It sounds like a legend out of medieval Tibet: the ascetic who leaves home to join the Buddhist order, then spends 12 years in a cave, 15 hours a day in a meditation box. This is no legend, but you could call Tenzin Palmo legendary in her single-minded pursuit of higher realizations. From the East End of London to halfway up the Himalayas, she is now back in society, attempting to pull medieval Tibetan Buddhism into the modern era--women's rights and all. As biographer Vickie Mackenzie says by way of background, a group of elite women practitioners called "Togdemnas" still existed just decades ago. Tenzin Palmo, having studied with her male counterparts, is now canvassing the planet, welcoming women into full participation in Tibetan Buddhism and building support for an academy of Togdemnas that she plans to establish in the Himalayas. Mackenzie helps raise awareness for women's roles in Tibetan Buddhism by going into some detail about obstacles still faced by women as well as heroines who have overcome those obstacles, such as Yeshe Tsogyel (Sky Dancer) and Machig Lapdron, a mother who started her own lineage. If Mackenzie has it her way, it won't be long before Tenzin Palmo joins that list of heroines. --Brian Bruya
--This text refers to the
From Library Journal
Very possibly, the central figures of these two books?one German, the other British?met during their Buddhist training and charitable work. They undergo similar transformations, abandoning established middle-class lives to adhere to strict Buddhist rules of self-denial, meditation, and hardship. Khema, however, escaped Nazi Germany and had a remarkably peripatetic life that entailed two marriages and much travel. Her telling of her search for Buddhism and life as a nun dwells on the facts of her travels and good works rather than inner thoughts. Despite professions of humility and selflessness, she appears arrogant and proud. But perhaps this impression comes from the process of dictation and a translation from German that is full of cliches and inappropriate expressions. On the other hand, in Cave in the Snow, Mackenzie, a journalist with a special interest in Buddhism, recounts with passion and beauty the story of Tenzin Palmo (nee Diane Perry), which involved 12 years of living in an Indian cave, snowbound for eight months of each year. She delves into Palmo's motivations, feelings, thoughts, and teachings, presenting the facts of her life while preserving the anguish, desire, conviction, and conflict that accompanied her conversion to Buddhism. The result is thoroughly engrossing.?Kitty Chen Dean, Nassau Coll., Garden City, NY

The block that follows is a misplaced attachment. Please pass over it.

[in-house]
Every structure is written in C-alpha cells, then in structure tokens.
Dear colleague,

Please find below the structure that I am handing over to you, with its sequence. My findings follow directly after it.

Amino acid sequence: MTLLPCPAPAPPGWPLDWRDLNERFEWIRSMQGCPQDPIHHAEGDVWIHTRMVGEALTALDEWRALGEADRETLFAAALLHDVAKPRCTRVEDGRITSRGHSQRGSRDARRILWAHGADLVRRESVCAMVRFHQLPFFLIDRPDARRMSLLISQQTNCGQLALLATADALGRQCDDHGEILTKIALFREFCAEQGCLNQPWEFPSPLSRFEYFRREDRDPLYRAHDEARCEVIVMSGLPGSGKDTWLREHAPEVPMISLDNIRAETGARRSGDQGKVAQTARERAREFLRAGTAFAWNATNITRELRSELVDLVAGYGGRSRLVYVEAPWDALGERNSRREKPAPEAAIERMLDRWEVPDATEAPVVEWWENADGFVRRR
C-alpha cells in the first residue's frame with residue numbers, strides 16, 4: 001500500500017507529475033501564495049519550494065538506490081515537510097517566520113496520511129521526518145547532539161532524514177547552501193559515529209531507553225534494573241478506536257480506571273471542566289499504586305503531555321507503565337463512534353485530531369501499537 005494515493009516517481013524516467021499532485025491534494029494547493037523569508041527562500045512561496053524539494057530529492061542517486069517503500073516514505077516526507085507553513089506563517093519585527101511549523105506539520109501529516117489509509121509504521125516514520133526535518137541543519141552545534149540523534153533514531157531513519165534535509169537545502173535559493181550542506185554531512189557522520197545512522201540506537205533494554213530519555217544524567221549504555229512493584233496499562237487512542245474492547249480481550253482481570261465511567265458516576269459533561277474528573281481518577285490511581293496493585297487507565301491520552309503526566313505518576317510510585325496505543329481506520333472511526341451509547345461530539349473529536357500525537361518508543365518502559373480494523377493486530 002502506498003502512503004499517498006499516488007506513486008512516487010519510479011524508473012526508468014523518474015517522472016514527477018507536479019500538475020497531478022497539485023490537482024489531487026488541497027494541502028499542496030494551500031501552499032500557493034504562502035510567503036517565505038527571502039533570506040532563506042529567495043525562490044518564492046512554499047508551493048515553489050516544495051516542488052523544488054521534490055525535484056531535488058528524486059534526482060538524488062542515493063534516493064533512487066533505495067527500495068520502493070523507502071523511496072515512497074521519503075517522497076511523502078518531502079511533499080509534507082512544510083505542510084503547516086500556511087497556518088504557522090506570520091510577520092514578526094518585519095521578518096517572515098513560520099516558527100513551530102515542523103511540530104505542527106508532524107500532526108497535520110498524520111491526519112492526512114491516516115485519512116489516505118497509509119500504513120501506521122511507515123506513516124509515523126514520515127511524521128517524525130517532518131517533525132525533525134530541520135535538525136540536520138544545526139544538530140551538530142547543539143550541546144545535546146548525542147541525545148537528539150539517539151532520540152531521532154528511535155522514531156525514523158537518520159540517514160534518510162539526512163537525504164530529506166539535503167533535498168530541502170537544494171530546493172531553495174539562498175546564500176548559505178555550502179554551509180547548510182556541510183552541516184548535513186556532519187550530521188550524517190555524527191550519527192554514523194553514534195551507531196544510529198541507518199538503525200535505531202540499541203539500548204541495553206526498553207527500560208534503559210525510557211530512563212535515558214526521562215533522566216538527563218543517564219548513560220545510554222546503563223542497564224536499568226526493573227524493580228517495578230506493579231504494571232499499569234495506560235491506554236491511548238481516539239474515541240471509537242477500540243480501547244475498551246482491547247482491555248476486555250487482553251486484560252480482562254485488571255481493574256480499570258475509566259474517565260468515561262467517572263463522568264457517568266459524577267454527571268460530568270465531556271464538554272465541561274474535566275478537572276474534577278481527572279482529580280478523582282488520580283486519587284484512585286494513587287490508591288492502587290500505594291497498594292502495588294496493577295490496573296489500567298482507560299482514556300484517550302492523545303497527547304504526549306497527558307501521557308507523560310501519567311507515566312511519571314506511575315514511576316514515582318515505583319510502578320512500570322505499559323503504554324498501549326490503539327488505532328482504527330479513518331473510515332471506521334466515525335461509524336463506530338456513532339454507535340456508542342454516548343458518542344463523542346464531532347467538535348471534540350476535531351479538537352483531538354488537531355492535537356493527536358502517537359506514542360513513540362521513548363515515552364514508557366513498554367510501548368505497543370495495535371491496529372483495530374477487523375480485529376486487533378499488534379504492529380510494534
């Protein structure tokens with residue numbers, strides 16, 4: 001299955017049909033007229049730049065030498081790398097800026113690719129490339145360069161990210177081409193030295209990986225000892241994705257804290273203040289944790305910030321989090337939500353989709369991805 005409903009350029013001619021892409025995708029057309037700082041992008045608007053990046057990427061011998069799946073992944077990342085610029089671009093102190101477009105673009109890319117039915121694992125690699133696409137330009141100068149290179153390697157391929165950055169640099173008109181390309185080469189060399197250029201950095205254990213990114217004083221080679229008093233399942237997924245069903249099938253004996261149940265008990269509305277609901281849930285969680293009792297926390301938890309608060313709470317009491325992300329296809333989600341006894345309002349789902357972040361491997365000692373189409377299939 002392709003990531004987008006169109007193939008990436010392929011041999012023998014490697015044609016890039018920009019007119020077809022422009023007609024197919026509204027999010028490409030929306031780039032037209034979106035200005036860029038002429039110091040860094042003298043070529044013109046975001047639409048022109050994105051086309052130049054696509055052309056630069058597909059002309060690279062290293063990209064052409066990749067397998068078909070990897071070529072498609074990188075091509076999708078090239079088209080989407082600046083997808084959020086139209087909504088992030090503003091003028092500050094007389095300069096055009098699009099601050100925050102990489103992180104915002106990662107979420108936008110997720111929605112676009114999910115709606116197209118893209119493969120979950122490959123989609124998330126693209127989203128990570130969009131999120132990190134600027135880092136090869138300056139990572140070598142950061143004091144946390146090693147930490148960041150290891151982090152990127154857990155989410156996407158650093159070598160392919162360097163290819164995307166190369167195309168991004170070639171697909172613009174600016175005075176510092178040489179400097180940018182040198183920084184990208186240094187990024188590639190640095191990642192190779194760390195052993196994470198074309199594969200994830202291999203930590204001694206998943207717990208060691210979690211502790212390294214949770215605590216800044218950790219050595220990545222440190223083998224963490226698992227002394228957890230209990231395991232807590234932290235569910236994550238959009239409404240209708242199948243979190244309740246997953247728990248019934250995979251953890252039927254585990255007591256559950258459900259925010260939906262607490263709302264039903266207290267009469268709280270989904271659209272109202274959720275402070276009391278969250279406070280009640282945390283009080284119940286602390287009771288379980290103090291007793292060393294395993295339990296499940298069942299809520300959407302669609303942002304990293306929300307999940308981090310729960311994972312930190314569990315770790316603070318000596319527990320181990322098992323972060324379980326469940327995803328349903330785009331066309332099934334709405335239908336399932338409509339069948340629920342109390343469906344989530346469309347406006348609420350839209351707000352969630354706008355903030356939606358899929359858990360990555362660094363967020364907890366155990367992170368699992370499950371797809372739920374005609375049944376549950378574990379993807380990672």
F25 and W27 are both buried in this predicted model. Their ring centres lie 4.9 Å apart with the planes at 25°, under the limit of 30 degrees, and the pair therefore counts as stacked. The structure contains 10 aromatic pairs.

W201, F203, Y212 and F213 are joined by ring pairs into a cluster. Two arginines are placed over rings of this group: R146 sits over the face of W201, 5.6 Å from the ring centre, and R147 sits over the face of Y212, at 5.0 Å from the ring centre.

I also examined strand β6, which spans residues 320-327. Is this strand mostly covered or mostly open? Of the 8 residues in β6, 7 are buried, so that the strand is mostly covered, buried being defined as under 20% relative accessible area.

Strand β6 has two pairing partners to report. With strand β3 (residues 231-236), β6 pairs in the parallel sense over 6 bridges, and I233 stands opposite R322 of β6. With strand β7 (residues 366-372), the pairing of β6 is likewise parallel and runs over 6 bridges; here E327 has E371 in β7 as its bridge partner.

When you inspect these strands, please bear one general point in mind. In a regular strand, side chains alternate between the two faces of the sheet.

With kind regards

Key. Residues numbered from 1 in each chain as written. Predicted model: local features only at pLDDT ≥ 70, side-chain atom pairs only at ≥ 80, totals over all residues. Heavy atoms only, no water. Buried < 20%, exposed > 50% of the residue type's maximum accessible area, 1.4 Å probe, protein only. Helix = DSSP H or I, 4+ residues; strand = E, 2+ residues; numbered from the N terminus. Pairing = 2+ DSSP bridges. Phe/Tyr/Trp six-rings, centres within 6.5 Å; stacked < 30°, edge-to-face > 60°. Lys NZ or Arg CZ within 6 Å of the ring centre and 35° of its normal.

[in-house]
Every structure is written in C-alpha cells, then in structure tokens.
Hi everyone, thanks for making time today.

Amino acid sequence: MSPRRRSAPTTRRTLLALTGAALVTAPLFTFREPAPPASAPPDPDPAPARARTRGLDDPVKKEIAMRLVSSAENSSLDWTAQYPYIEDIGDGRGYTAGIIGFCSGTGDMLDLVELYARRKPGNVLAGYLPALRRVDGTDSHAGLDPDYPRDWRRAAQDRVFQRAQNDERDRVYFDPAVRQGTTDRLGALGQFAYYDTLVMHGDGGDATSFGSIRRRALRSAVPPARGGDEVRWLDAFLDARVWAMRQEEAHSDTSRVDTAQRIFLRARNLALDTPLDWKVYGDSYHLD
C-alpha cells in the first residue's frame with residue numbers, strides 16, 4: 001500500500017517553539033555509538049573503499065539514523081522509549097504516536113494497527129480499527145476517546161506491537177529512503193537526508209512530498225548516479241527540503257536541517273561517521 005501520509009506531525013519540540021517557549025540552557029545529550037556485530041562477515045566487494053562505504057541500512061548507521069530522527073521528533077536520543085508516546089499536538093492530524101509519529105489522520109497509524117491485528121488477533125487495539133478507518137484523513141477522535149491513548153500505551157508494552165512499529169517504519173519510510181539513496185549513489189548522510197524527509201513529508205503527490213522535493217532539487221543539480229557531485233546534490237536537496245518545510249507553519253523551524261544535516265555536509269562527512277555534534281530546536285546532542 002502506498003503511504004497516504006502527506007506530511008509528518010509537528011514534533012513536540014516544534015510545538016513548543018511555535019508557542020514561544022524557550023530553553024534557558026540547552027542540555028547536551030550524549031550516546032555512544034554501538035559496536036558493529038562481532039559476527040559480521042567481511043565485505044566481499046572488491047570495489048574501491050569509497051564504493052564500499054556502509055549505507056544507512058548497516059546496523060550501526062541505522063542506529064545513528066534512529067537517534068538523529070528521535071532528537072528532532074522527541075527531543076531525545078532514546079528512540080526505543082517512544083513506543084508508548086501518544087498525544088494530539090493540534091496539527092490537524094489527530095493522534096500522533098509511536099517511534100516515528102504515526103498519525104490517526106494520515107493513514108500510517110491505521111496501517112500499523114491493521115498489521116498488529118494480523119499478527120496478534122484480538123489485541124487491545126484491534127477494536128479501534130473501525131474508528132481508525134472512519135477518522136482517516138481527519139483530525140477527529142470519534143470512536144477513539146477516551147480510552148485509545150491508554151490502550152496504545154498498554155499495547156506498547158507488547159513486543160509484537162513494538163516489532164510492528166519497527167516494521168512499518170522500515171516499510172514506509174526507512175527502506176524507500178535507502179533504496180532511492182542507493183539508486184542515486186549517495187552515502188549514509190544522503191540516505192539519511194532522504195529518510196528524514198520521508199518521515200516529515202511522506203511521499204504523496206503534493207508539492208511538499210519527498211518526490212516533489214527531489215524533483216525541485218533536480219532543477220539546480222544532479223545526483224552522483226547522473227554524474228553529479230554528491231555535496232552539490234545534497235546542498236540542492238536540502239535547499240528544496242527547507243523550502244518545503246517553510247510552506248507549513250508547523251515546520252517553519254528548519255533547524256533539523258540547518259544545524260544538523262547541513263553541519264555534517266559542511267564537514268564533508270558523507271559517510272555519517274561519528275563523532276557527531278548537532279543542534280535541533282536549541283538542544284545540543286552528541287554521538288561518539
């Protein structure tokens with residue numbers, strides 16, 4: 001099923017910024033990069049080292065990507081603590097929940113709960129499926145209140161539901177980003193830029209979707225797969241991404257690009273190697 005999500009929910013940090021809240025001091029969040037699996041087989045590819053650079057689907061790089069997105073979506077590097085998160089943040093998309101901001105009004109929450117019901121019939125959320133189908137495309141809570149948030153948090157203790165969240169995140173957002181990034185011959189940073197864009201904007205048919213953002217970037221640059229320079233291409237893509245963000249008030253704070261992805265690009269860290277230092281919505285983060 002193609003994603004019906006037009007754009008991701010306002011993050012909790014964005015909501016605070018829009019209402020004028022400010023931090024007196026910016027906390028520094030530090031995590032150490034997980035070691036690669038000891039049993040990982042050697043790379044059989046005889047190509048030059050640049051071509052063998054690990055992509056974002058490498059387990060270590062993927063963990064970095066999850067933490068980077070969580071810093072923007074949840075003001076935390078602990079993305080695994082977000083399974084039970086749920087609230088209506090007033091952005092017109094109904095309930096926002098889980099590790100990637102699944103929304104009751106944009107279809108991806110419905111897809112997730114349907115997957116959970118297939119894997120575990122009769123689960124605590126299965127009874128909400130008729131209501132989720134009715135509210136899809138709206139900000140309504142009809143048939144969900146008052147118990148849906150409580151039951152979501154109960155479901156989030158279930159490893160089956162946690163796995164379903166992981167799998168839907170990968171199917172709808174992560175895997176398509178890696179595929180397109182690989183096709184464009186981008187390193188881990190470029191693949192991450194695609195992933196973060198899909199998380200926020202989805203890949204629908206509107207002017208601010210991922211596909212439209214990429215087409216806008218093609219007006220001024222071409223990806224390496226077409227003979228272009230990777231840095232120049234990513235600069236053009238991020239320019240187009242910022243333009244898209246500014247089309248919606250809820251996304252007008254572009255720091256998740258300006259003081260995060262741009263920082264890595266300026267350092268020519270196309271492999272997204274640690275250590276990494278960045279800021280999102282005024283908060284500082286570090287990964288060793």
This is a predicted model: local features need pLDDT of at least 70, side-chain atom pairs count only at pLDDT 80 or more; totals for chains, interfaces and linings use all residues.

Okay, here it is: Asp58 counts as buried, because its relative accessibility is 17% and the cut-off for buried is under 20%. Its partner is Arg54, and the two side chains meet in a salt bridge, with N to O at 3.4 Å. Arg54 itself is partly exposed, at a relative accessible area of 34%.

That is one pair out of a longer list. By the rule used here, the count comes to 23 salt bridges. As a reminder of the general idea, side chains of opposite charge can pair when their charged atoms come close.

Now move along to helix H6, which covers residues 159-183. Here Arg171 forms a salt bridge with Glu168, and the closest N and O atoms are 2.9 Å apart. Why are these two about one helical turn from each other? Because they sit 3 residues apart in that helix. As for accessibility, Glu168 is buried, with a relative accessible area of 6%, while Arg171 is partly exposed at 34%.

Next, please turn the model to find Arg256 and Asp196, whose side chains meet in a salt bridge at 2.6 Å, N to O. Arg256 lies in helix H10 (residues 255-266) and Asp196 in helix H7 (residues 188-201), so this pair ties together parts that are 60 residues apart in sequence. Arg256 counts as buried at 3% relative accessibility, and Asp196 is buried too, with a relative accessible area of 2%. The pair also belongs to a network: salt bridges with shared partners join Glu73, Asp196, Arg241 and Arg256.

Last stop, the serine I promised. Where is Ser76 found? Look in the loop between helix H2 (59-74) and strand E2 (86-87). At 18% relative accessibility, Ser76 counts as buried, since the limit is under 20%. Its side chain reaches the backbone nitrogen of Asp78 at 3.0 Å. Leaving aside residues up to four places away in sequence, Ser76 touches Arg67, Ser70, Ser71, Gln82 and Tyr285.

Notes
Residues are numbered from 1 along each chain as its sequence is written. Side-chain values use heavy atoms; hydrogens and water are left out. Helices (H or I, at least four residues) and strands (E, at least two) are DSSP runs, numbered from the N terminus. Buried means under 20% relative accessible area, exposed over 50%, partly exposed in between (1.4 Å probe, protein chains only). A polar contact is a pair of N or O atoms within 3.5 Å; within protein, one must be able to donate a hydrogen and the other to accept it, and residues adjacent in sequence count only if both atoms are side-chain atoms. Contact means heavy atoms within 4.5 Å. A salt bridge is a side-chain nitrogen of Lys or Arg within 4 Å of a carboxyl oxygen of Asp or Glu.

Copyright 1998 Reed Business Information, Inc.
--This text refers to the